There's essentially a couple of steps involved to this process of doing a delta deployment.
The first is to identify the changed components. If you're working with Git and GitLab Pipelines, this is not difficult. Given a start and an end commit, it's just
git diff start-commit end-commit --name-only --diff-filter=ACM
to get a newline-separated list of path names that are changed. (Note: this does not include handling of deleted components. If you want to automatically handle component deletion, there'll be some additional logic involved, as those end up in a
The second step is, given that flat list of file names and your source tree, to build a Metadata API manifest (
package.xml) and deployment ZIP file to push only the changed metadata components.
When I've done this in the past (with GitHub Pipelines), I used ForceCLI as the deployment engine because it makes it easy to do this step by piping in the results of the above
git diff start-commit end-commit --name-only --diff-filter=ACM | force push -f -
force push -f takes that flat list of names and synthesizes a
package.xml and deployment ZIP, then deploys it to your authenticated target org.
If you're running this script on every commit,
start-commit can be
end-commit can be
HEAD. Otherwise, see below for Pipelines configuration.
Disclaimer: I haven't worked with this tooling in about a year.
When I was building out delta deployments I found that I needed to write some shell to manage deployments of components that are multi-file; that is, static resources and Lightning components. I did this with
sed by squashing all references to Lightning component files to the base component directory, and by zipping up static resources and likewise squashing references to the base .zip for that static resource.
I think the former has been fixed in ForceCLI; I don't know about the latter. I'd recommend doing some experiments.
For production deploys, it's common that you won't be deploying one commit at a time, and that your release manager will wish to specify a commit range for this deployment spanning a sprint's work. Likewise, it probably won't be fired automatically as with staging, but will be manually invoked by the release manager.
For that use case, I configured variables in GitLab Pipelines for the start and end commit (and altered the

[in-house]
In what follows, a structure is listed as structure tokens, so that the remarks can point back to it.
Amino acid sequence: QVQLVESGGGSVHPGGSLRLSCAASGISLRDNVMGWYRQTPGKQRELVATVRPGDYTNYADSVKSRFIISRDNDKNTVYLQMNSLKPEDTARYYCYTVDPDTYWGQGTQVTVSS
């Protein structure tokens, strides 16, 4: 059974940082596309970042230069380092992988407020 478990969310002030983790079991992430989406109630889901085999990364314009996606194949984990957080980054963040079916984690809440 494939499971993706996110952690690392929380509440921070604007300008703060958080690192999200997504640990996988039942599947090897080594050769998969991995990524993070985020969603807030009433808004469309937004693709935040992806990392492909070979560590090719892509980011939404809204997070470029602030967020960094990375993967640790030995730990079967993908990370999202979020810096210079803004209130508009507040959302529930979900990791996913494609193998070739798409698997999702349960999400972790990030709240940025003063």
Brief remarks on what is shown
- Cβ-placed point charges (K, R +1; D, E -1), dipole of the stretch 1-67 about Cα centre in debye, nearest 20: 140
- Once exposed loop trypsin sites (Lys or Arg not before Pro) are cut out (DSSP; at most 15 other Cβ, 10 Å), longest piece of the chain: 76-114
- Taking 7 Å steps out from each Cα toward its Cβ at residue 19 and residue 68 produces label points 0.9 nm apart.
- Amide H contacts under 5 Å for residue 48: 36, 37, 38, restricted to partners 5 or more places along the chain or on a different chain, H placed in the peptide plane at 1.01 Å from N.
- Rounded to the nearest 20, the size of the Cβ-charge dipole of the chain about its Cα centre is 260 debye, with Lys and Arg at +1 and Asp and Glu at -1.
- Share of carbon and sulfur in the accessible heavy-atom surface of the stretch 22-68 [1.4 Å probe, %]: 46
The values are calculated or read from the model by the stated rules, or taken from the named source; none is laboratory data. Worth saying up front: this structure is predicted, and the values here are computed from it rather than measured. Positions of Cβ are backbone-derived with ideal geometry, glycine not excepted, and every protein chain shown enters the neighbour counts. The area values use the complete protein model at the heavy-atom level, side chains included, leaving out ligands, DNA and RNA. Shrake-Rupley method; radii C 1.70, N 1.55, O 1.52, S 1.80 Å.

git diff commands shown above to reference those variables). They defaulted to
HEAD. However, when the Pipeline for production is run manually by the release manager, they have the option to populate those commit SHAs to identify a specific range of changes to deploy:
No warranty, not under active development, etc.
The CI definition is mostly boilerplate and works the same as an SFDX CI setup, with JWT authentication as described in the docs.
Note that this is only set up for manual deployments, not automated staging pushes, but that could easily be added.
It's got two manual jobs in it, so once the pipeline is created, the
validate (check-only) job can be kicked off first, followed by the deploy step. This was for demonstration purposes and probably won't mirror what you'd want to do in production.
- curl https://force-cli.heroku.com/releases/v0.25.0/linux-amd64/force > force
- sudo mv force /usr/local/bin/force
- sudo chmod +x /usr/local/bin/force
- openssl aes-256-cbc -k $KEY -in assets/server.key.enc -out assets/server.key -d -md sha256
- force login --connected-app-client-id $CONSUMERKEY -u $USERNAME -key assets/server.key
- source assets/deploy.sh $START $END
- rm assets/server.key
This is the shim script I used to wrap ForceCLI and run the actual deployment. The manual handling of the static resources and Lightning components may not longer be necessary based on continued development of that tool.
# Use Force.com CLI and zip to compress static resources and perform delta deployment.
# David Reed, January 2019
# Compress unpacked static resources
for file in src/staticresources/* ; do
if [[ -d "$file" && ! -L "$file" ]]; then
zip -r ../`basename "$file"`.resource *
# Delta deploy items changed between our start and end commit
# We use `sed` to squash all references to Aura bundle components and static resources to their parent components
# `sort -u` ensures that we only have a single reference to each component.
git diff $1 $2 --name-only --diff-filter=ACM | grep "^src" | sed -E 's#^src/aura/([^/]+)/.+#src/aura/\1#' | sed -E 's#^src/staticresources/([^/]+)/.+#src/staticresources/\1\.resource#' | sort -u | force push $CHECK_ONLY -l RunLocalTests -r -f -